Verisign Discontinues Flawed MD5 Certificates


Verisign Inc. is getting rid of its MD5 digital certificates a month early after researchers revealed that an exploitable flaw in the algorithm could allow hackers to impersonate a banking or retail Web site and steal customers' financial data.

Mountain View, Calif.-based Verisign, a managed security service provider, said that it has immediately discontinued the flawed MD5 cryptographic function used for digital signatures, while offering a free transition for customers to move to the more secure RapidSSL brand certificates using the SHA-1 algorithm.

"We applaud this team's research and efforts to improve online security as well as their disclosure of the findings for the benefit of the broader Internet community," said Chris Babel, Verisign SVP and general manager. "We take issues like these very seriously and work quickly to remedy vulnerabilities that could potentially affect trust and security online."

Verisign's announcement comes a day after security researchers from the U.S., the Netherlands and Switzerland presented findings for an exploitable vulnerability in the MD5 cryptographic hash function during the 2008 Chaos Communication Congress in Berlin.

During the conference, researchers demonstrated how hackers could launch an attack by successfully duplicating an SSL certificate--indicating a Web site is secure for communication or financial transaction--which was issued by certification authority RapidSSL. Once the SSL signature is duplicated, hackers could then impersonate any Web site on the Internet, such as banking and e-commerce sites, and subsequently trick users into thinking that they were securely submitting sensitive data such as credit card numbers and bank account information over the Internet.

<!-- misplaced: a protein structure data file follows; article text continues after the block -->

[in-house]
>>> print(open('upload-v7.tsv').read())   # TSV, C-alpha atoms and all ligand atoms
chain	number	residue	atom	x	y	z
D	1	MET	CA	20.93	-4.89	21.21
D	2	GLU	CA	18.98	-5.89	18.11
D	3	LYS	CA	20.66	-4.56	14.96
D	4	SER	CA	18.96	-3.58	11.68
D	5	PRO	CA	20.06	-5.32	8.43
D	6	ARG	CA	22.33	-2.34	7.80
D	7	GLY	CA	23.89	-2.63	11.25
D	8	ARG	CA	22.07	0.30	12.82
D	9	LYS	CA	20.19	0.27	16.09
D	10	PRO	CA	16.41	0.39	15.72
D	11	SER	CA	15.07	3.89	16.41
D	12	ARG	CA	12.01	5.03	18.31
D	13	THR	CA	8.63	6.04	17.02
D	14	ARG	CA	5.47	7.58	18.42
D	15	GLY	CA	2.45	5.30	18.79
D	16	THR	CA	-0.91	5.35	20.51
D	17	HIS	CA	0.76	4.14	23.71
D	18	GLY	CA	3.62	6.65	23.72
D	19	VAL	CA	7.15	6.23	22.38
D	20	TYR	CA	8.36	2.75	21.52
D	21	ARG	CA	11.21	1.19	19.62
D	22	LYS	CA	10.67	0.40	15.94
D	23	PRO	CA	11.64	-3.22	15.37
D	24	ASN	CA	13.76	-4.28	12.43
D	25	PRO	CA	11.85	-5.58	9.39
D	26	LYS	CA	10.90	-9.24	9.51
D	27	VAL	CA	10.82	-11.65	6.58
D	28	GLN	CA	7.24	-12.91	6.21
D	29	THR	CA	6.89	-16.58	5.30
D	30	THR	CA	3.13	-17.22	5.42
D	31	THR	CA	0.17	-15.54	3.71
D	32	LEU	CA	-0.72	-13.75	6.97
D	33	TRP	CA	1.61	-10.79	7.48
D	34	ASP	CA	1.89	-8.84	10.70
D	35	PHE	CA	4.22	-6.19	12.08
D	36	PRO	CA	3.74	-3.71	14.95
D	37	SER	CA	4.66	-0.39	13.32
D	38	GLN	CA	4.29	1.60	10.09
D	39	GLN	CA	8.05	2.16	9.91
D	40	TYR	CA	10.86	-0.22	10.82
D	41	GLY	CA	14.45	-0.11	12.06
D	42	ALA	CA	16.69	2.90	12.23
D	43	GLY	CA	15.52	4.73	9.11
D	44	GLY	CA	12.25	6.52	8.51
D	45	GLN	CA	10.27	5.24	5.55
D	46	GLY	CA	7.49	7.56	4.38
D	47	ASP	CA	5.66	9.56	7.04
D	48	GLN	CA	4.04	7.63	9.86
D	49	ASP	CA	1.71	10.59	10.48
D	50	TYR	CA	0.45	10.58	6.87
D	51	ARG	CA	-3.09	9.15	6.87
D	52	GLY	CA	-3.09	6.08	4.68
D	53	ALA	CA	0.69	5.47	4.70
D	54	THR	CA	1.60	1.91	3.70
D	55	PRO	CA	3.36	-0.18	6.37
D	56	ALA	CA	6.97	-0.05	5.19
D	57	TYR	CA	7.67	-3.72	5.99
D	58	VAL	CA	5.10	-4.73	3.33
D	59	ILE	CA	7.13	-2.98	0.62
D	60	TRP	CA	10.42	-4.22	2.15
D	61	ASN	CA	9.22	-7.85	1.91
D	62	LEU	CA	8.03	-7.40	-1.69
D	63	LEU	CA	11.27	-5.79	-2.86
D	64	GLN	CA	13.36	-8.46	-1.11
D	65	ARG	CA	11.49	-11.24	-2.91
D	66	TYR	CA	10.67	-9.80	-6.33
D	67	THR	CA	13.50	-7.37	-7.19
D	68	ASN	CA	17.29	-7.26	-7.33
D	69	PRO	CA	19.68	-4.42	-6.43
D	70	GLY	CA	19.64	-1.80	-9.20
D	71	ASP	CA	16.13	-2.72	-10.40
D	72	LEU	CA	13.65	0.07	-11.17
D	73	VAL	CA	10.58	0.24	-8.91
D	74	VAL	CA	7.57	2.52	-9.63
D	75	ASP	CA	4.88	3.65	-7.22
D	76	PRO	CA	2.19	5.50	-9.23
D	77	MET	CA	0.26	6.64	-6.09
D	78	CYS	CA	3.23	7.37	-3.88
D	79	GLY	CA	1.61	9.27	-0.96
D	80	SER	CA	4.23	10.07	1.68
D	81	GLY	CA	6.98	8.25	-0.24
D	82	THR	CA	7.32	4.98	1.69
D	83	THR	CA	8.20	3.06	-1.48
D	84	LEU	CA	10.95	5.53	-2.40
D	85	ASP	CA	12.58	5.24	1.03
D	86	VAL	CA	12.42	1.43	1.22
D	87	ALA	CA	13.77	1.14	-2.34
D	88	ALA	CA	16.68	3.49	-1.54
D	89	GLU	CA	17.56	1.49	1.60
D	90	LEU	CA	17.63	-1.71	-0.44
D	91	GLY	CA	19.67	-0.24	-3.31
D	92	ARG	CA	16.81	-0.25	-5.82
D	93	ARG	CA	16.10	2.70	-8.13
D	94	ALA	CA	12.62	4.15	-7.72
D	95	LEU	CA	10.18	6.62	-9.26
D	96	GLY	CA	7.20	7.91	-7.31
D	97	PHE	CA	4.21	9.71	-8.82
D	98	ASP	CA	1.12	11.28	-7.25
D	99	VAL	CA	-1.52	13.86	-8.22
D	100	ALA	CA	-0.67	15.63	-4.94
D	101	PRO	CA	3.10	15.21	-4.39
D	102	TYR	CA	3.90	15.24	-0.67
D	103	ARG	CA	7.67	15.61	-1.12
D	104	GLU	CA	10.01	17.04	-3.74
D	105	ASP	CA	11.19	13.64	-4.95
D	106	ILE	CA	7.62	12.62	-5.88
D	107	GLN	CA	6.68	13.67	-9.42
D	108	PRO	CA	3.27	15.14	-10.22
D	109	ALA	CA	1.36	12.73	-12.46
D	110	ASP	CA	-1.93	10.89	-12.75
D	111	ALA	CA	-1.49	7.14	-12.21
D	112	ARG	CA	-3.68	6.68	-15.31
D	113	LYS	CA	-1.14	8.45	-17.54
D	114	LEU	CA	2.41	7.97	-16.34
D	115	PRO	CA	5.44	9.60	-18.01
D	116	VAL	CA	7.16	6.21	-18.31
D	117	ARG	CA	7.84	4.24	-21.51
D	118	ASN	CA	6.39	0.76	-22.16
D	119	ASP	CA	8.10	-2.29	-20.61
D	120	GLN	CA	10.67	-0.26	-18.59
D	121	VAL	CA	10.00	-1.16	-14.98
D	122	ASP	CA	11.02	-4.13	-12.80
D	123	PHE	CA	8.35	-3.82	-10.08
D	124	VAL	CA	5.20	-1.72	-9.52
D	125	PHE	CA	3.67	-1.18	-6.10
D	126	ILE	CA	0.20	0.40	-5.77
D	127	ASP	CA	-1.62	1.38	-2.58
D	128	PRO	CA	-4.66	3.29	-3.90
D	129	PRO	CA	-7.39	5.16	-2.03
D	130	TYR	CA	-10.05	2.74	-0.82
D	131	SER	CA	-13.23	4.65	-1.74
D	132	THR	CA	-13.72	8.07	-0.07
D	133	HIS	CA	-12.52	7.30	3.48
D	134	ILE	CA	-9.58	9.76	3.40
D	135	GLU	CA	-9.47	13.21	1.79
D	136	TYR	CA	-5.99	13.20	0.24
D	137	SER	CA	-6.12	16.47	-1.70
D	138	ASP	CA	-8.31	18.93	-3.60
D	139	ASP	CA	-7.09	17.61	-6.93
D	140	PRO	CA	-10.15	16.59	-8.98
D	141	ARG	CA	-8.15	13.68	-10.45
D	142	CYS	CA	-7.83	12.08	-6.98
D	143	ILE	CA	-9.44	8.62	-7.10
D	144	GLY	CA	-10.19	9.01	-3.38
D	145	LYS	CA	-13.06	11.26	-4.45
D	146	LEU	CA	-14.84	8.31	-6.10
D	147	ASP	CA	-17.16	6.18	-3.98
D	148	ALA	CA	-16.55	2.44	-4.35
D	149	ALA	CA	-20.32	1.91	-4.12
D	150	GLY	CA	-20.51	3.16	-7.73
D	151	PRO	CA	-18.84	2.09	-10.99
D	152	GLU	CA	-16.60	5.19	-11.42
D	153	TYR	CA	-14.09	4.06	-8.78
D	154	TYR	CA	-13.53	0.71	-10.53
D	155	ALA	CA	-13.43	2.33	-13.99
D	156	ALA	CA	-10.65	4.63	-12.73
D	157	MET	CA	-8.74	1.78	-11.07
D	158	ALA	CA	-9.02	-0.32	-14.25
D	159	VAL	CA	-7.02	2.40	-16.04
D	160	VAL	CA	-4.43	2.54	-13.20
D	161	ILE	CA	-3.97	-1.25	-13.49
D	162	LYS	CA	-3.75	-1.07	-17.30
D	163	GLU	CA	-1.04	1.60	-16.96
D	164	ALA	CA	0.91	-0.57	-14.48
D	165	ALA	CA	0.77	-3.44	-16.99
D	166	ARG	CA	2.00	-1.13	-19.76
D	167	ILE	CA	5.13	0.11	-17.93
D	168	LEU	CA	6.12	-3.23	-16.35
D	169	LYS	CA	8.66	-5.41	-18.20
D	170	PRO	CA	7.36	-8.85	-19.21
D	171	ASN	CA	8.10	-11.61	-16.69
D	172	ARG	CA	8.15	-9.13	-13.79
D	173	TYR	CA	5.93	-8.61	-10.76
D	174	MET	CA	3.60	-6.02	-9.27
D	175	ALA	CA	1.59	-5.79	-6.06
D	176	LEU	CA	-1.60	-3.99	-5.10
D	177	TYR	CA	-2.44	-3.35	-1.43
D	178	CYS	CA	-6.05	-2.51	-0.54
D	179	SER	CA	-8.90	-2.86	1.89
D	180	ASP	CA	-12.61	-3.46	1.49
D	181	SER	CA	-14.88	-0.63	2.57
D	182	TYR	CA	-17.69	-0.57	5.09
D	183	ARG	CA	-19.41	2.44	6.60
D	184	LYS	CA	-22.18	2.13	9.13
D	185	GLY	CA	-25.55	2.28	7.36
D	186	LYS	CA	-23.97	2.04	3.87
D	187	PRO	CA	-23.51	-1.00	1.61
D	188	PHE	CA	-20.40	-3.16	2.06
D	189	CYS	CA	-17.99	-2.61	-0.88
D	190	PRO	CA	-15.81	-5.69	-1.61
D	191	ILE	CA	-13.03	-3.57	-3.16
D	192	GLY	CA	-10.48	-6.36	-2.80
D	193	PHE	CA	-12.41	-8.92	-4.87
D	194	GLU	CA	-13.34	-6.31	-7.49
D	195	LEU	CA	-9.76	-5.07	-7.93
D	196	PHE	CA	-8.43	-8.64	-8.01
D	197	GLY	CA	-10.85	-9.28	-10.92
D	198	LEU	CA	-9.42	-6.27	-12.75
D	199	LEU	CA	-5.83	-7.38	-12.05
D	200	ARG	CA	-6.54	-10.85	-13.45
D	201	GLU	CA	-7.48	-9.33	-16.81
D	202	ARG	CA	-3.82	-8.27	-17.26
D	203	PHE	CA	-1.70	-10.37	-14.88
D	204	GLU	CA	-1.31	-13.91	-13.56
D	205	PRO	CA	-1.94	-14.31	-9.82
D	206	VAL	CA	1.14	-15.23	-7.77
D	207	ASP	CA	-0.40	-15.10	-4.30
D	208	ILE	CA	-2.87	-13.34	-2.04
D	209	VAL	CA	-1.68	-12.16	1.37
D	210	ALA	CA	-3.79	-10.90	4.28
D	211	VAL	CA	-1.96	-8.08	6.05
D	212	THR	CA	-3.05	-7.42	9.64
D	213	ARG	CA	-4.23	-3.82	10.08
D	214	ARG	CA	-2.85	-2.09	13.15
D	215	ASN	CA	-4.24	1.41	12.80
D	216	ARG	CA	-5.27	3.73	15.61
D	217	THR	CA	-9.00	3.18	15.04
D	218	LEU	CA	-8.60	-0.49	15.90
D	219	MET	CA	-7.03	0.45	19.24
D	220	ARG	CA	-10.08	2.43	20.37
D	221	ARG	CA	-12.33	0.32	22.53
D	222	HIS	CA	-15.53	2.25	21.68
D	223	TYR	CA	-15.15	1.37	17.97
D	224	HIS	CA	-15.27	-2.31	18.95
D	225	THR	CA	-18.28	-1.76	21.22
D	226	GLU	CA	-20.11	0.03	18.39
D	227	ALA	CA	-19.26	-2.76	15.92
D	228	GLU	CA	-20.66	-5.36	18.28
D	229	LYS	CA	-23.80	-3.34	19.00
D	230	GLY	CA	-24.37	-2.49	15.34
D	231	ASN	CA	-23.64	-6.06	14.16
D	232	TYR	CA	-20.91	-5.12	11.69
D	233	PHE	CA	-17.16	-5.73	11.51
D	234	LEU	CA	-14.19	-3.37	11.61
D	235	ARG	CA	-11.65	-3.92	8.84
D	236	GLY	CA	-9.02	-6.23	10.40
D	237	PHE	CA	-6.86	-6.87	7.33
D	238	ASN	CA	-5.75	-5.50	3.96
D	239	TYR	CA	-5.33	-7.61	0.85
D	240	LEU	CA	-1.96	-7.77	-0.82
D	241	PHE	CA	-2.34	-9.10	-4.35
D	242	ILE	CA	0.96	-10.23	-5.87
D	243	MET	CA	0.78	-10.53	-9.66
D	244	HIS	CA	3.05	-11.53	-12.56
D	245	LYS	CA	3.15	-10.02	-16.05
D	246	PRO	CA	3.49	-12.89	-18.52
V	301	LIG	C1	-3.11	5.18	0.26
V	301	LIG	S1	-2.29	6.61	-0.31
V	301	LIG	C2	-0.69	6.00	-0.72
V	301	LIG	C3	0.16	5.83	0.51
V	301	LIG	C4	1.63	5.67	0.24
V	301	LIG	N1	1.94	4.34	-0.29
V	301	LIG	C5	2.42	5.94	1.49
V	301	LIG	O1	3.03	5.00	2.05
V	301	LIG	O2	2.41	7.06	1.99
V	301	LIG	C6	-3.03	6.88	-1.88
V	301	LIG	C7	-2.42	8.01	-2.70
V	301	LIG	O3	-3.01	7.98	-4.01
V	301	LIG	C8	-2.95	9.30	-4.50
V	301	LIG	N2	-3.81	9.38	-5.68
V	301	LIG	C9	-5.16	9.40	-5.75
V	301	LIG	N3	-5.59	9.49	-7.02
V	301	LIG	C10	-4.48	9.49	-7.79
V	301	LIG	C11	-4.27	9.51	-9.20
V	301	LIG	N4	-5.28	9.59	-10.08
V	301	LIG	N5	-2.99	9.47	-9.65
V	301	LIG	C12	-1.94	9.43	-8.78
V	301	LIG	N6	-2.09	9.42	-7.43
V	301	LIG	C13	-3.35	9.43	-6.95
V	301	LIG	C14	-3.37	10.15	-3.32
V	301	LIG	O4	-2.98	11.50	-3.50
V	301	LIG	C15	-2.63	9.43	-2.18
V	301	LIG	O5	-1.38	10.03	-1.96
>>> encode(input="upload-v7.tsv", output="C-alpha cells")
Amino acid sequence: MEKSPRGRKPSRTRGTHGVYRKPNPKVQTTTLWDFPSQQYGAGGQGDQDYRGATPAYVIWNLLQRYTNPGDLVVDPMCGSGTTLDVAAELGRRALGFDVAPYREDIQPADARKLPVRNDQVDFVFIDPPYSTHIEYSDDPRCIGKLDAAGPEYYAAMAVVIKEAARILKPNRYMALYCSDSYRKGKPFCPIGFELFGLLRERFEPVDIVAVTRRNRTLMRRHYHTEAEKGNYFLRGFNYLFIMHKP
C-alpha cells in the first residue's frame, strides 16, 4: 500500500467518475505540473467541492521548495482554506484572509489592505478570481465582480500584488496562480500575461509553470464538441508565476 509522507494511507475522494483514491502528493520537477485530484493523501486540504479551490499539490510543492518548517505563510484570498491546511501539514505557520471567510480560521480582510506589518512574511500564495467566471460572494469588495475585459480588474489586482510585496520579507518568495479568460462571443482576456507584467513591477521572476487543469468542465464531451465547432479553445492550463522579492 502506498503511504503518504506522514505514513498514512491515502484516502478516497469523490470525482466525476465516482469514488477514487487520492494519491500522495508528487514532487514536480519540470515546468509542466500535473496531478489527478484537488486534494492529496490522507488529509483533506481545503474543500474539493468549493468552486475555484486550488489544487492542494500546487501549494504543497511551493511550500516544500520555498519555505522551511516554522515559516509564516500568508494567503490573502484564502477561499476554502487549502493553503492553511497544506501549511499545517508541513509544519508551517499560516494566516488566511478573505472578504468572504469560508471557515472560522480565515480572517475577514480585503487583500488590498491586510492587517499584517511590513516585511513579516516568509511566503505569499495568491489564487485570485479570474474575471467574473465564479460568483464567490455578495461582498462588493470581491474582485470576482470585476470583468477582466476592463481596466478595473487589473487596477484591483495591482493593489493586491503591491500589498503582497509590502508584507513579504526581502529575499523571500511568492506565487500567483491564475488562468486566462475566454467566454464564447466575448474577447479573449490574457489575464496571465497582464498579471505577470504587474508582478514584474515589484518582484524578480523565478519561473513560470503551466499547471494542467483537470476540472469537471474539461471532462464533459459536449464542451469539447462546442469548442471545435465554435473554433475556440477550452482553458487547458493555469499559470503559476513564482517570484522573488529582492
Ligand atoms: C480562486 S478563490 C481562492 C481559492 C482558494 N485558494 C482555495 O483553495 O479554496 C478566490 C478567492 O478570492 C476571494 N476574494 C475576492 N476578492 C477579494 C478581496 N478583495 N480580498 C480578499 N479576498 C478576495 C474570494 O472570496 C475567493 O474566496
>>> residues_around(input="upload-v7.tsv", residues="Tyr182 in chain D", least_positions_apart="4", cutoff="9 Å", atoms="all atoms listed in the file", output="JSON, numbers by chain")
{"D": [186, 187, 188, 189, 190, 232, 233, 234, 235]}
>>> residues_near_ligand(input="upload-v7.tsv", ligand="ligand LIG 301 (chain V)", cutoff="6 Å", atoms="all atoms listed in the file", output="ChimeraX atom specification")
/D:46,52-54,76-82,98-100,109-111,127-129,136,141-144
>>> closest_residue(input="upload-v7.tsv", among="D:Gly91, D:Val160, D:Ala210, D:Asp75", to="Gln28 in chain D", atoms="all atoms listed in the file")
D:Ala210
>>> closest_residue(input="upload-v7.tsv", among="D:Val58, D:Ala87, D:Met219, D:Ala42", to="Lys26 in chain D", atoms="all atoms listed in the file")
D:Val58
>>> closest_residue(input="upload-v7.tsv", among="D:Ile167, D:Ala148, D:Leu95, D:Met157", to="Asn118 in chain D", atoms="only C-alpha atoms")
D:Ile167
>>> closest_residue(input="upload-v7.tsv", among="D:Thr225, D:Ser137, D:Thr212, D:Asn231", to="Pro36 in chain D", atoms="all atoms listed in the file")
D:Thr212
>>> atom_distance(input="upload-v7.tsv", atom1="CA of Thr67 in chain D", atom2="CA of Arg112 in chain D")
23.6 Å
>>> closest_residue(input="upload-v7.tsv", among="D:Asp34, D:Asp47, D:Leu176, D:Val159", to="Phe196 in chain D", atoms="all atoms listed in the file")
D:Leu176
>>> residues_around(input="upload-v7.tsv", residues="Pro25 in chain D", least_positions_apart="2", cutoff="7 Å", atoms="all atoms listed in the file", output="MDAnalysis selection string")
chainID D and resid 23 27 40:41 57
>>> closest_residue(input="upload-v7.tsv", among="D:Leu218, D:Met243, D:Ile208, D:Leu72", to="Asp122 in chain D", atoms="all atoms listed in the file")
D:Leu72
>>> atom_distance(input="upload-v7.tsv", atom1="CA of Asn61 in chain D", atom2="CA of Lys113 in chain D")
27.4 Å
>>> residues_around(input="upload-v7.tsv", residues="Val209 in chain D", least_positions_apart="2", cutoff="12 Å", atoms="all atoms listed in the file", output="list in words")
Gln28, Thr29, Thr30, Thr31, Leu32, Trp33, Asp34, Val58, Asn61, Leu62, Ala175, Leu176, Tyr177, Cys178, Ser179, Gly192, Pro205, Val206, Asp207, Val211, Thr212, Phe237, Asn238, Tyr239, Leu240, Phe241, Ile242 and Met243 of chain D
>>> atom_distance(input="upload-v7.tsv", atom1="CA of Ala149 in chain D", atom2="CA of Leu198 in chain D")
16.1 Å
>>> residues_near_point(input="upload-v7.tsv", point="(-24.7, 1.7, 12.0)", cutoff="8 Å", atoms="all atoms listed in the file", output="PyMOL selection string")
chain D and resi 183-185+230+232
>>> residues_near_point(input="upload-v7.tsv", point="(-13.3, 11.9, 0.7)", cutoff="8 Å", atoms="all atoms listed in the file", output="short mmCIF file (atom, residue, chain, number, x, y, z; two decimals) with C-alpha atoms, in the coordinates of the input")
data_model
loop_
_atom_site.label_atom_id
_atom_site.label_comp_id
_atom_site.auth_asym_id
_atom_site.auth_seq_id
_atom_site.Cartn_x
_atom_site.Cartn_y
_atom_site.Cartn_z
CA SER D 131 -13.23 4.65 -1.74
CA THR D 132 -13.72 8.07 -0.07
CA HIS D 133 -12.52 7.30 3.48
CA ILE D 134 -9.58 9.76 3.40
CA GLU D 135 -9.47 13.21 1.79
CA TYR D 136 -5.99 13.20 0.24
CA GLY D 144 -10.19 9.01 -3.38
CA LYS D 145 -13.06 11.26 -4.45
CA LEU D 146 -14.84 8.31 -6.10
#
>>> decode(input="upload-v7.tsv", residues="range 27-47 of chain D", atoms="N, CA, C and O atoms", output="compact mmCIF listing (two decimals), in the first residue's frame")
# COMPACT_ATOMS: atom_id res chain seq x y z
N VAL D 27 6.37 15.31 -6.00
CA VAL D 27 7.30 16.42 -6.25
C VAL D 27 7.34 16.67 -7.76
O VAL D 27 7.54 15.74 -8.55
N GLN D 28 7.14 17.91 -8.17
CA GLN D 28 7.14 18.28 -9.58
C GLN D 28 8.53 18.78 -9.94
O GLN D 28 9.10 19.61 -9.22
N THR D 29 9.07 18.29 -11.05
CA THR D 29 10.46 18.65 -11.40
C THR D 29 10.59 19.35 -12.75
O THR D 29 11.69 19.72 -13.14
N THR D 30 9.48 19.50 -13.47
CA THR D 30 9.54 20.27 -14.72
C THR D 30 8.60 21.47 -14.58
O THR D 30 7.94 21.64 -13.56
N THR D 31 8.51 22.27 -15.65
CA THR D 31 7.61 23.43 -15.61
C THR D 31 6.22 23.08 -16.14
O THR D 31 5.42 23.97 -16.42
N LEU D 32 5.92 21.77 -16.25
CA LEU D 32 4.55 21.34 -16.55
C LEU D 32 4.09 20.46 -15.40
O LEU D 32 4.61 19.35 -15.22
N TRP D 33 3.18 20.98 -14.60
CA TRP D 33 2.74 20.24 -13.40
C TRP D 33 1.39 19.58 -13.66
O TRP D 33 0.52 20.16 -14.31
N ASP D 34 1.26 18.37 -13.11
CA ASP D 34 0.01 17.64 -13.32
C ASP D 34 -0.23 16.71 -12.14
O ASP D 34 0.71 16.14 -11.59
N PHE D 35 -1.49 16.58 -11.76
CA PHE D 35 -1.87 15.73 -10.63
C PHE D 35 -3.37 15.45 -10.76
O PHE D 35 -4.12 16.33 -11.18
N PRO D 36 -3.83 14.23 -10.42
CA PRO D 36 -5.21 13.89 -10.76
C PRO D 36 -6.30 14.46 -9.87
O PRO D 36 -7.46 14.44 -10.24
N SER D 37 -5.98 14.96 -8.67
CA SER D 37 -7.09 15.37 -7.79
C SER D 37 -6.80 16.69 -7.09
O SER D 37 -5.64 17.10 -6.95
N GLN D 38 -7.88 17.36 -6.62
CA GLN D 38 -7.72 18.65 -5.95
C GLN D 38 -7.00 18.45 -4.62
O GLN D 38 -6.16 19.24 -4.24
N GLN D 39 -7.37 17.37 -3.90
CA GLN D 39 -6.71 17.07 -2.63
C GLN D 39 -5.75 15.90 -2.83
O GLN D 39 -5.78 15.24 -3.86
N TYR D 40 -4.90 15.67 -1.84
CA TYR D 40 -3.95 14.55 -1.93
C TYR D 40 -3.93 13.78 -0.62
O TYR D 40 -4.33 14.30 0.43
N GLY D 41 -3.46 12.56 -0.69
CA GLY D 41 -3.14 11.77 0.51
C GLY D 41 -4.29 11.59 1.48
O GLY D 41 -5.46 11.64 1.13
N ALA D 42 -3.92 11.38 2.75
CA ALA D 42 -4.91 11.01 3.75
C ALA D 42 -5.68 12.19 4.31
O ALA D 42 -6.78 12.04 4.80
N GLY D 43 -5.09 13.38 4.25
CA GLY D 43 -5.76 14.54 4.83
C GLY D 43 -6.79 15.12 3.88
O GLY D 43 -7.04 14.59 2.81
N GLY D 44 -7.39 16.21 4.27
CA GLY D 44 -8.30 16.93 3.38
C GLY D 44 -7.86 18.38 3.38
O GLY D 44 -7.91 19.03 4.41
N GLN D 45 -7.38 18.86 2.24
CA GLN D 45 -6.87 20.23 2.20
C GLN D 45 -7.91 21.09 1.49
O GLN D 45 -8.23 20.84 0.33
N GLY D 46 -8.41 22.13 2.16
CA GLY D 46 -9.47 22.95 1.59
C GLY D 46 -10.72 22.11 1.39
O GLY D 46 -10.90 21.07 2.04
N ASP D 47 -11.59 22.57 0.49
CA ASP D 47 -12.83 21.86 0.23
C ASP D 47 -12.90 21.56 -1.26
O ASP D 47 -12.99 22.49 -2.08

Many Web browsers rely on companies known as certification authorities, or CAs, to issue digital security credentials, or SSL certificates, to identify and authenticate legitimate Web sites. And a few CAs, like RapidSSL, still rely on the MD5 cryptographic function for digital signatures.

Yet the errors detected in MD5 aren't entirely new. Security experts say that weaknesses in MD5 were detected back in 2004, and many CAs have since migrated to the more robust SHA-1 algorithm. But while the MD5 hashing function has over time become obsolete, it is still used by a few CAs and accepted by all Web browsers.

"The infrastructure of certification authorities is meant to prevent exactly this type of attack," the research team said in posted findings. "Our work shows that known weaknesses in the MD5 hash function can be exploited in a realistic attack, due to the fact that even after years of warning about the lack of security of MD5, some root CAs are still using this broken hash function."

Security experts say that the findings aren't necessarily a cause for alarm, but rather indicate a trend of CAs not doing their job.

"The companies that issue certificates under those roots can distinguish themselves in different ways. There are [companies] whose specialty is lowest cost. Strong algorithms may take second place to doing what you've always been doing," said Paul Kocher, president and chief scientist of Cryptography Research, a data security research firm based in San Francisco. "If any CA is doing something that becomes the weakest link, then that is what adversaries are going to exploit."

Verisign said in a statement that it had been phasing out its MD5 hashing algorithm over a period of years, and had intended to eliminate MD5 digital certificates altogether by the end of January 2009.